Lent is just one season of the Church year: Advent, Christmas, Epiphany, Easter, and Pentecost are the others. Rightly so, the Church sees Lent as a forty day season of penitence. The synonyms for penitence in a Thesaurus range from shame, repentance, atonement, contrition, remorse, regret to sorrow. There seems to be a range of negativity in those synonyms. Many of us do not need to be reminded of our need for penitence, while others of us do need to be reminded that our faith has this component to it.
Some of those synonyms are quite destructive. Shame, for instance, is something that Jesus would never do to us. Reminding us to repent, however, is something that is brought up throughout the entire Bible. Furthermore, Jesus was frequently quoted in the Gospels as proclaiming some variation of repent for the Kingdom of God is at hand. It is complex for us to reconcile the sense of penitence without being toppled over into depression; this is not the purpose of Lent or even of our faith.
For instance, in The Lion, the Witch and the Wardrobe, it is C.S. Lewis who is able to give me a better appreciation of the balance of Jesus through the character of Aslan. He is the Lion in the title of the book and a clear representation of Jesus through the exact actions in his brutal, sacrificial death and his spiritual, real resurrection.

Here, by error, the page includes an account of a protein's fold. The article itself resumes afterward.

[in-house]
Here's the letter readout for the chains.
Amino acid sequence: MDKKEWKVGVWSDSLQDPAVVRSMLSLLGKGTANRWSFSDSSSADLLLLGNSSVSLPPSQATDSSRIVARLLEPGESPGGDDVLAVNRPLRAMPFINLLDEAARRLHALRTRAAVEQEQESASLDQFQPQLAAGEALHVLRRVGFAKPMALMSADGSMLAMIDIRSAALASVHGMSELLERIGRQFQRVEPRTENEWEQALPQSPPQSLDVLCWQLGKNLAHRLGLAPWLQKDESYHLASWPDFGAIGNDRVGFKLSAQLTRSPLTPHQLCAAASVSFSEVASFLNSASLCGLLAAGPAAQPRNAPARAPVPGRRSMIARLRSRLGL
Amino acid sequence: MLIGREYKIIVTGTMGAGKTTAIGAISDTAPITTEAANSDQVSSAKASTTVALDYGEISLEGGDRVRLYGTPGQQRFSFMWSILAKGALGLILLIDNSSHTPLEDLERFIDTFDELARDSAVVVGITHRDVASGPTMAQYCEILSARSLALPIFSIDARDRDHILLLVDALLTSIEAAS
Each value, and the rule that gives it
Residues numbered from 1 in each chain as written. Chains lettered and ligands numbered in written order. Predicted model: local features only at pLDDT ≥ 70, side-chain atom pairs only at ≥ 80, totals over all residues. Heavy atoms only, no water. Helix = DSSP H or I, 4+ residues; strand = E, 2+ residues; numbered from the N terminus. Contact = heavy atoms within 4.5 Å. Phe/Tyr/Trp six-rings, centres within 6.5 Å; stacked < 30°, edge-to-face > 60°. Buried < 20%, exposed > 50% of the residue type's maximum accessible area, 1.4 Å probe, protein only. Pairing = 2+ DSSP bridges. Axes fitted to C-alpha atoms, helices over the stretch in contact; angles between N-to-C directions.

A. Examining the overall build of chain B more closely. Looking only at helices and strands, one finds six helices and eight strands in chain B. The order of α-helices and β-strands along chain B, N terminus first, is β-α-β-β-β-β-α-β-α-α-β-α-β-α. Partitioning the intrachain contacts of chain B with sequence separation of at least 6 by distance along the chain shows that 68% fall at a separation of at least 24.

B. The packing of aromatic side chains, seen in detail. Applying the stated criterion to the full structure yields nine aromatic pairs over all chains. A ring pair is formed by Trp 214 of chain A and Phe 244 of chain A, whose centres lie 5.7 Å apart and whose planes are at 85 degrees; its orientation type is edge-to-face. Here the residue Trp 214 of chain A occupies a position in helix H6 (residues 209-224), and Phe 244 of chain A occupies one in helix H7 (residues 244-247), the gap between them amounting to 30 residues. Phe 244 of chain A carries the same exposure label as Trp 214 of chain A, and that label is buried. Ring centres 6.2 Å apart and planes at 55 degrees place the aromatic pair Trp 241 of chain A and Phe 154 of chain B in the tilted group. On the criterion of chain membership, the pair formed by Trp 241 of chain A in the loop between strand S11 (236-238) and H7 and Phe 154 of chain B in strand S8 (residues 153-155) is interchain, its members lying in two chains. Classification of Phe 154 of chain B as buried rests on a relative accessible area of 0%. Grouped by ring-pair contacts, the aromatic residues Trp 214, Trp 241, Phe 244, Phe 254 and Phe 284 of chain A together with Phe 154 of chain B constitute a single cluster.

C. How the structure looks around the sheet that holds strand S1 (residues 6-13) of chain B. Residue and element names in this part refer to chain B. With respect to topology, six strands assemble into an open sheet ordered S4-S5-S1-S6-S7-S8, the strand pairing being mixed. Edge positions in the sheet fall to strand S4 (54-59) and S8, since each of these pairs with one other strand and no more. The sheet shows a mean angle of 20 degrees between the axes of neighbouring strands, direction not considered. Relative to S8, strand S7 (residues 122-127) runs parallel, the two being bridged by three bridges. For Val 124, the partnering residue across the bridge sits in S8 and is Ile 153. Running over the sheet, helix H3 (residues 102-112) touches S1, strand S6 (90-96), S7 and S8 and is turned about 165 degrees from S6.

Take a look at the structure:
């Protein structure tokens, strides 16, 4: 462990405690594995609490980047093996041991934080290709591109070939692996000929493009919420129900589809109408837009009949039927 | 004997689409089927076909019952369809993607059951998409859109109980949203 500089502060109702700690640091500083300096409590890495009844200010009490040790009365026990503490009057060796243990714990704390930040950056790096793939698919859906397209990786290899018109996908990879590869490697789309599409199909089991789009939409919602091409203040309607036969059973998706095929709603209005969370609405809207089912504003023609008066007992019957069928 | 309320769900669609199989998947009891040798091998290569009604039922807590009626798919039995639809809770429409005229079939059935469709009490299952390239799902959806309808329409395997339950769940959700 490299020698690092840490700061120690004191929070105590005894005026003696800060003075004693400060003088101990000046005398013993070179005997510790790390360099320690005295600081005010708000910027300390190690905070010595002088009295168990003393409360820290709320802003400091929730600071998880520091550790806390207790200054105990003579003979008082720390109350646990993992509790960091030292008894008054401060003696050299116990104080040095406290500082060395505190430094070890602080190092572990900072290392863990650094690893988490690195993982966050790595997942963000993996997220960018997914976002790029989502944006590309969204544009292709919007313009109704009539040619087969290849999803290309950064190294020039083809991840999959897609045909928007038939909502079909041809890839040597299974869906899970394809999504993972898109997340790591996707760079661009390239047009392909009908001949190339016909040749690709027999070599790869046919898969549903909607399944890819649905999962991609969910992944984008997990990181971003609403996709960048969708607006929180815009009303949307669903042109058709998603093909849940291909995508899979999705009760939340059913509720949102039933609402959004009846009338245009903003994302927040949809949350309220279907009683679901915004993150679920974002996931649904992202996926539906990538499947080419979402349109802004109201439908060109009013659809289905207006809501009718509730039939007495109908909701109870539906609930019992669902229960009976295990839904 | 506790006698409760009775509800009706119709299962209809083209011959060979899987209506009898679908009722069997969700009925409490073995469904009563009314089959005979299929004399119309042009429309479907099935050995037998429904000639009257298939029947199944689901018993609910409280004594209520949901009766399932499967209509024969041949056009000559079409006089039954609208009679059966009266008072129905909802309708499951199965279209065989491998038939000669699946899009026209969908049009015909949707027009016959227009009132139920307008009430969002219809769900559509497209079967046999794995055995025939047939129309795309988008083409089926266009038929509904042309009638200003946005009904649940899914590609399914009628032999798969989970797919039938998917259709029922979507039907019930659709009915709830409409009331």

Peter, Susan, Edmund, and Lucy are the children who enter the world of Narnia through the Wardrobe mentioned in the title. Two of the characters in Narnia are Mr. and Mrs. Beaver. They invite the children to dinner. Over the meal, an otherworldly conversation turns to the Lion Aslan. The children all begin to develop a strange feeling just upon hearing his name. Lucy bravely asks if Aslan is safe. Safe? said Mr. Beaver. Who said anything about safe? 'Course he isn't safe. But he's good. He's the King, I tell you. Toward the end of the book, Mr. Beaver says, He's wild, you know. Not like a tame lion.
We cannot tame Jesus, yet we cannot be frightened of him either. It is a delicate balance. The Collects or Prayers for the season of Lent can be found in The Book of Common Prayer on pages 166-169 for Rite One and pages 217-221 for Rite Two. Those prayers all provide incredibly accurate summaries and maintain that delicate balance for that specific Sunday of Lent. You are encouraged to read through them all, and as a part of your Lenten discipline to read the prayer for the upcoming Sunday.
Give yourself over to the commitment and joy found in Lent during Lent this year of 2018. Treat yourself. See where the journey takes you. I can write in full assurance that Lent never ends with pain and death but points to new life and resurrection. There was a full cross; there was an empty grave. That too is our faith.